Paul Westerberg

Paul Westerberg

Come Feel Me Tremble


After years of having your spirits raised in anticipation of a new Westerberg release, only to have them dashed, yet again, on the cruel rocks of reality, it’s understandable if you are a bit gun-shy when confronted with a new release. Well, with Come Feel Me Tremble those rocks are looming yet again. But this time, it’s pretty easy to determine why the crash is going to occur. This record was created entirely by Paul in his basement, and a few things stand out. First, he ain’t a drummer. If you can’t get somebody in to help out on the skins, get a drum machine. His rudimentary thumping drags the songs down — and they weren’t soaring too high to begin with.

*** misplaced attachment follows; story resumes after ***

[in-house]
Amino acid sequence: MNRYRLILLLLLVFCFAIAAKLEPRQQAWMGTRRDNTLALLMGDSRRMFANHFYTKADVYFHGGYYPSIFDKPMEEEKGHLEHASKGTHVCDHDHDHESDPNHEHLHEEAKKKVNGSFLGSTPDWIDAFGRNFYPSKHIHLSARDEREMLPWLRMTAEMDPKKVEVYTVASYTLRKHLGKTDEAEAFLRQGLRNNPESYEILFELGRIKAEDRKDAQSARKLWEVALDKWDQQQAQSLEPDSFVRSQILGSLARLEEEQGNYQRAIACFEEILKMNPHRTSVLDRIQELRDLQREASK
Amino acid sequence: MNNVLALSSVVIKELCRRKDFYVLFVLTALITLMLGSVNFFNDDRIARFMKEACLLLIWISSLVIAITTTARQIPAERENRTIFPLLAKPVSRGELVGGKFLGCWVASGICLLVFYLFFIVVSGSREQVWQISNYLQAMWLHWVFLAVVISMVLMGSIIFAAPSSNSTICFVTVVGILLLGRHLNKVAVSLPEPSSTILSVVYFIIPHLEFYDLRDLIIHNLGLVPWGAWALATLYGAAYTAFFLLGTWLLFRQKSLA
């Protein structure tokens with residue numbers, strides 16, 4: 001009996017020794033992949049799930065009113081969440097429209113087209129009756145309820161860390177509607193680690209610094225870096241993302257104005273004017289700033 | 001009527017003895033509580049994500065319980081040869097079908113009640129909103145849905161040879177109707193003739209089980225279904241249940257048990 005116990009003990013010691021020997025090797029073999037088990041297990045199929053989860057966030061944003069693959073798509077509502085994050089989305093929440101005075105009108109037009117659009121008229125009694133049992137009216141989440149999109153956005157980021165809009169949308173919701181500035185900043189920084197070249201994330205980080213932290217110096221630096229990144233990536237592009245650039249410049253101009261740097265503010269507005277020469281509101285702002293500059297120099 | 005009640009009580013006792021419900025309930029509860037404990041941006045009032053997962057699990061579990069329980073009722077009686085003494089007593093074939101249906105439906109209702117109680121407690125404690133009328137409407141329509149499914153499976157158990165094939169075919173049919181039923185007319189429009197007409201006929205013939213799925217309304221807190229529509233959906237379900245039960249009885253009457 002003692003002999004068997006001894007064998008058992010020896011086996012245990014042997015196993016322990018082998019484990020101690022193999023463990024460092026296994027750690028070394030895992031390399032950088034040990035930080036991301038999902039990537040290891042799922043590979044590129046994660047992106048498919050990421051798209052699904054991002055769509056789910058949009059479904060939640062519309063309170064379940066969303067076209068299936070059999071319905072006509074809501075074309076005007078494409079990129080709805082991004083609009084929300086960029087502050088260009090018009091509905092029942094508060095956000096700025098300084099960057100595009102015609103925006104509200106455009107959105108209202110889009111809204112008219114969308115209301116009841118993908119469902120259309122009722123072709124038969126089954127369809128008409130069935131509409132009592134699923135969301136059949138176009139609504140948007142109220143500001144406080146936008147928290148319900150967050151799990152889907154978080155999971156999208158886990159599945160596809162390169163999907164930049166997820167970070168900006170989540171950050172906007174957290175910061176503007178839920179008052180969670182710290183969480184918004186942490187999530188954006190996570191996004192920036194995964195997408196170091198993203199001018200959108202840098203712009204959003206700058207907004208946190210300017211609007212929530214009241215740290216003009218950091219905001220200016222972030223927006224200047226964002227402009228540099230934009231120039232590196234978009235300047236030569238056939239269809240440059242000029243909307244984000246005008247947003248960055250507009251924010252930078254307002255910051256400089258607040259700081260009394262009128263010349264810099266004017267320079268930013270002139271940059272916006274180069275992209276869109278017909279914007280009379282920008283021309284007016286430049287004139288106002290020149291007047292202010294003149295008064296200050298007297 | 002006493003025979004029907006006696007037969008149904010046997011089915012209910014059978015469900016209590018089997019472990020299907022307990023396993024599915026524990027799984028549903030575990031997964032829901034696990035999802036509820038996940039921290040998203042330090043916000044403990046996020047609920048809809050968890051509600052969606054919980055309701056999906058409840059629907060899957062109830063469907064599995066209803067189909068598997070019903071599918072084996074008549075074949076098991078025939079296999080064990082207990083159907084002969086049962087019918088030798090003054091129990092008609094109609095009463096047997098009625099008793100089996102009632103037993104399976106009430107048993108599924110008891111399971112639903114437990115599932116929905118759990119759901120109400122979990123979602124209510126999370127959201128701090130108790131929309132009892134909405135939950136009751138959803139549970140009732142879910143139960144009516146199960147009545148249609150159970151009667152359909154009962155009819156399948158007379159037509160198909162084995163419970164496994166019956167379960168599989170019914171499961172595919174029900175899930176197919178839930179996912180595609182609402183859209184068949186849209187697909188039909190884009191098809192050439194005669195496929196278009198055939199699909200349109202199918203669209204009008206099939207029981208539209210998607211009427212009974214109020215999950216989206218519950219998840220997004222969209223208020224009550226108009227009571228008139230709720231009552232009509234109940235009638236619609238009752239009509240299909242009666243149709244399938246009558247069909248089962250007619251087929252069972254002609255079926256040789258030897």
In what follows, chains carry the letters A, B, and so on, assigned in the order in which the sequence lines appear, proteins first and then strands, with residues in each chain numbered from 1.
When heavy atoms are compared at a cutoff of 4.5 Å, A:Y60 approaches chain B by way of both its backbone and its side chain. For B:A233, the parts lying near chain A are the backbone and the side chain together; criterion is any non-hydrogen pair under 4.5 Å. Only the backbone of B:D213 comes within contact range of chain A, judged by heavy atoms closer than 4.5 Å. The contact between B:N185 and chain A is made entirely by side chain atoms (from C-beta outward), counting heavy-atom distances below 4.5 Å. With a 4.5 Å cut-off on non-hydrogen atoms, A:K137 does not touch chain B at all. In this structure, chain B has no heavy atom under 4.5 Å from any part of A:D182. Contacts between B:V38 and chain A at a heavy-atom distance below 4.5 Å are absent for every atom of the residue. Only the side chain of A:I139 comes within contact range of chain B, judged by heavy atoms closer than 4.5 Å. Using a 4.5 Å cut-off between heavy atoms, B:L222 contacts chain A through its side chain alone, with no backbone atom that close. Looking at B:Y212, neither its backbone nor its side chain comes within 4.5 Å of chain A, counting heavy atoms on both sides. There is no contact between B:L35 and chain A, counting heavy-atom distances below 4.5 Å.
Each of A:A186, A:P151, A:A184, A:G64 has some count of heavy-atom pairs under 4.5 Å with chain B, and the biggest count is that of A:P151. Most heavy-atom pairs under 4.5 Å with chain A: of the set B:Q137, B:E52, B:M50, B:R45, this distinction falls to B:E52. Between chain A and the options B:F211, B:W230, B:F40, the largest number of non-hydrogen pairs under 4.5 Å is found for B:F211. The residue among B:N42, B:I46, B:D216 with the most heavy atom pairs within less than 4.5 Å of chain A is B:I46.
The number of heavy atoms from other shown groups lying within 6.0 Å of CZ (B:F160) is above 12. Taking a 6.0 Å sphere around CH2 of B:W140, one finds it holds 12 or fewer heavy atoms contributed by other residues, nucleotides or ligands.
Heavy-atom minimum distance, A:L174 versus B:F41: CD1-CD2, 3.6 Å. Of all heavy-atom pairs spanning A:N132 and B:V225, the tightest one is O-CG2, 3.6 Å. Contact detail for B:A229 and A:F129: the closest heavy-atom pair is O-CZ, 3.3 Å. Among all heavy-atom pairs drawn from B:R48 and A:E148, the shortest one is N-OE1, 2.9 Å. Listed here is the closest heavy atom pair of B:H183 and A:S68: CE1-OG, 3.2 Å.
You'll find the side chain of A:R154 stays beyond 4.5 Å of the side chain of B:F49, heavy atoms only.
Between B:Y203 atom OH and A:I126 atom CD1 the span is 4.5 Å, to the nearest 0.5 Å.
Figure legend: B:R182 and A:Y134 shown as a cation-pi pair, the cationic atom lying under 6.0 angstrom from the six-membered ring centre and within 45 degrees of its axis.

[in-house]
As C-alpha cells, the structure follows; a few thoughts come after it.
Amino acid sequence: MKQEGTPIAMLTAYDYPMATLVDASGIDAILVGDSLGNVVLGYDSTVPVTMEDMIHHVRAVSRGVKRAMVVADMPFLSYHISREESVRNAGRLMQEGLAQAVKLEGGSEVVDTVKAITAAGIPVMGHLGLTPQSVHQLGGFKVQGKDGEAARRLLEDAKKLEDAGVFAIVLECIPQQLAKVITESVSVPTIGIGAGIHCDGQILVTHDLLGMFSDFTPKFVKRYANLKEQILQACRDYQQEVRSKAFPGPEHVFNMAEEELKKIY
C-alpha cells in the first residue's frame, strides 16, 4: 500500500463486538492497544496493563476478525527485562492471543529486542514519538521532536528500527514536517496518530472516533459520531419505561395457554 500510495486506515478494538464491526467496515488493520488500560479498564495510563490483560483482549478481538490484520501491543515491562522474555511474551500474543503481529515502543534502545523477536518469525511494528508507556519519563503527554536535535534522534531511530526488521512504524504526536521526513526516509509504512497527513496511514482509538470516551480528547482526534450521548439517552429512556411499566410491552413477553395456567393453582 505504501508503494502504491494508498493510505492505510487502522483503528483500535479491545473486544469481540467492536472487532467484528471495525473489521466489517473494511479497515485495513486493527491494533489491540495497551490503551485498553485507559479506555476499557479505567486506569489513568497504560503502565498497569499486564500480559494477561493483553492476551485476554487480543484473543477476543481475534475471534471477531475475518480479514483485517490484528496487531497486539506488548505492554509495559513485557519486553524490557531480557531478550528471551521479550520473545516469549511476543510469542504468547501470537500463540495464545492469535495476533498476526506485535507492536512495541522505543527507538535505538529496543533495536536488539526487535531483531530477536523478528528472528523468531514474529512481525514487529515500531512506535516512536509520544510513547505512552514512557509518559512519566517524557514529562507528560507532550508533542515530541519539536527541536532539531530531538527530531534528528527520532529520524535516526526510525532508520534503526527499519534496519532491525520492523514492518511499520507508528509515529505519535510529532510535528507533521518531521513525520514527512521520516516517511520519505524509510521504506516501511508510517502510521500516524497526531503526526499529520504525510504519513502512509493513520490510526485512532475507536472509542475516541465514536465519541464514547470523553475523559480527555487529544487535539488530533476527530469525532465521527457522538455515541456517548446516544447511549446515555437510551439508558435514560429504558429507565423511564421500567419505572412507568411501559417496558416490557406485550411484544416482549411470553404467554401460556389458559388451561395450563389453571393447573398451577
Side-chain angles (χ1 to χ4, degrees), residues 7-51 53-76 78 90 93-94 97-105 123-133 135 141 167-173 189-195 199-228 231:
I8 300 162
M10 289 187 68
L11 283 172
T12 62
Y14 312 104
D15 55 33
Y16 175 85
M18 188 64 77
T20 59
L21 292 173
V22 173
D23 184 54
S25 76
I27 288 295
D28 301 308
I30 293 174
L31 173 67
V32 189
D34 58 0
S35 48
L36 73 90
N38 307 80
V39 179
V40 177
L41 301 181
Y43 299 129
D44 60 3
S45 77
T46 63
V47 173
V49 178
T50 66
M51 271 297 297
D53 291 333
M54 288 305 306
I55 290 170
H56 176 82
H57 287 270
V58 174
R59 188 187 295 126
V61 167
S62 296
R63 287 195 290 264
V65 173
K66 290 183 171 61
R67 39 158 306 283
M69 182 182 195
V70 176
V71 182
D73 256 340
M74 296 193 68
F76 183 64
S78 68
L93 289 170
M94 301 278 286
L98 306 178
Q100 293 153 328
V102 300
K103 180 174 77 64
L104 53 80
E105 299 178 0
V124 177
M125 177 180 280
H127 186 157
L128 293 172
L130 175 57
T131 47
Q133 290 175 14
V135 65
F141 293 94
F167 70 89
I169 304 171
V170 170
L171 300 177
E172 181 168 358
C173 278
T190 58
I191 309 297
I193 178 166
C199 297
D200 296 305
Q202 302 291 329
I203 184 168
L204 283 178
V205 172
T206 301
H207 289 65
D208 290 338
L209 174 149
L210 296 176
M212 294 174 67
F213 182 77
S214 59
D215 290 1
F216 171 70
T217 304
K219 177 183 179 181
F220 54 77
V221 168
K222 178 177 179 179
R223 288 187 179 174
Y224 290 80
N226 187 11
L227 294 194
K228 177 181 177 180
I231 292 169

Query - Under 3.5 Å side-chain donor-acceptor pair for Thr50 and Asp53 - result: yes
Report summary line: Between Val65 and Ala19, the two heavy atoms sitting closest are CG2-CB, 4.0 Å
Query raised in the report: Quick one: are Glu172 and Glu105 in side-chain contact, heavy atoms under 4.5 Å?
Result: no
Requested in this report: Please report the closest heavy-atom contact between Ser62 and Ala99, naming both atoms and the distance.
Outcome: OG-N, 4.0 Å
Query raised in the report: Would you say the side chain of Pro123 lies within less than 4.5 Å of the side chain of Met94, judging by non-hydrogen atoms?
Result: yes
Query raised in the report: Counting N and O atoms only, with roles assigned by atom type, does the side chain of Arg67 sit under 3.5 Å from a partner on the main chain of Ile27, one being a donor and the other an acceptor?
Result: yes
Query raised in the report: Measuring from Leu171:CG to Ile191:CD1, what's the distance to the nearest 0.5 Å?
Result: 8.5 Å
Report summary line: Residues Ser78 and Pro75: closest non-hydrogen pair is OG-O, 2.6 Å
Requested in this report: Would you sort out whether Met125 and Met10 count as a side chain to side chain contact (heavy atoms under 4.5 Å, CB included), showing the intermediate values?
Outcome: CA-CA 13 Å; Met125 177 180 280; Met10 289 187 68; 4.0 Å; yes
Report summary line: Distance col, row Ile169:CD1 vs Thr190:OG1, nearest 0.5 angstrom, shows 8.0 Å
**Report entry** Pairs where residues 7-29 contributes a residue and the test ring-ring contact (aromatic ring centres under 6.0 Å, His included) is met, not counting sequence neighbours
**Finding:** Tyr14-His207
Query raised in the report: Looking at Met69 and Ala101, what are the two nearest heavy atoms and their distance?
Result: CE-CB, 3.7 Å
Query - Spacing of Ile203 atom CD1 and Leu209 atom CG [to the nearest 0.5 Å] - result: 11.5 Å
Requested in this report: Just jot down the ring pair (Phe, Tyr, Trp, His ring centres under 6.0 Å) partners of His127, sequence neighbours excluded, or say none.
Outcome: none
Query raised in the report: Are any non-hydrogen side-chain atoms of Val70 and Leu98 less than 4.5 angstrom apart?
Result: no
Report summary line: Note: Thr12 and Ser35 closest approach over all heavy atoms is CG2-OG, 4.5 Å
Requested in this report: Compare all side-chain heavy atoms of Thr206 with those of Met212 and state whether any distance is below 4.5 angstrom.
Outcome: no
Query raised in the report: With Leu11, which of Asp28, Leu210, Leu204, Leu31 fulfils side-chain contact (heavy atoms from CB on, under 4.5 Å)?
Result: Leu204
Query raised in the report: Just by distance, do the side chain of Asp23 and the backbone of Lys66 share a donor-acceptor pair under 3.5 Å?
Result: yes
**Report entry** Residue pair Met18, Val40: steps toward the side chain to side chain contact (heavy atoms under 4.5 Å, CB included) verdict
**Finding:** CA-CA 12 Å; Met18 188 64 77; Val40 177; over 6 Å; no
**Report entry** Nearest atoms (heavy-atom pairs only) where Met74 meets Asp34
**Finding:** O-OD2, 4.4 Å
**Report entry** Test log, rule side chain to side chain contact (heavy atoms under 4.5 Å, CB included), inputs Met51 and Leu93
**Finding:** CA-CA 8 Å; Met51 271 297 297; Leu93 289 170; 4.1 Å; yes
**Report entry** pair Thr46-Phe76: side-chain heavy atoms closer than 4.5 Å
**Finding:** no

Second, and more important, operating completely solo, you lose that vital system of checks and balances that exists when a band (or even a roomful of hired guns) creates the music. If this had been a Replacements record, then after a few tries at “Dirty Diesel” the song would have been dropped, with somebody going, “Nah, sounds like a second-rate Stones rip-off” (and who knows, this might have happened, a decade ago). Or “What a Day (For a Night)” would have been nixed, exposed as the simplistic, sentimental claptrap that it is. Definitely not “Here Comes A Regular,” which it resembles.

The problem with Westerberg solo is that nothing he does will possibly compare to the glory days of the ‘Mat’s. And it’s wrong to judge his solo work against it. But it can’t be helped. His use of language, sloppy-ass guitar style and tongue-filled cheek sound so much like his old band that the comparison exists in each song, which is so very frustrating. Glad he’s not becoming a hermit and all, but that doesn’t mean we have to listen to it.

Vagrant Records:

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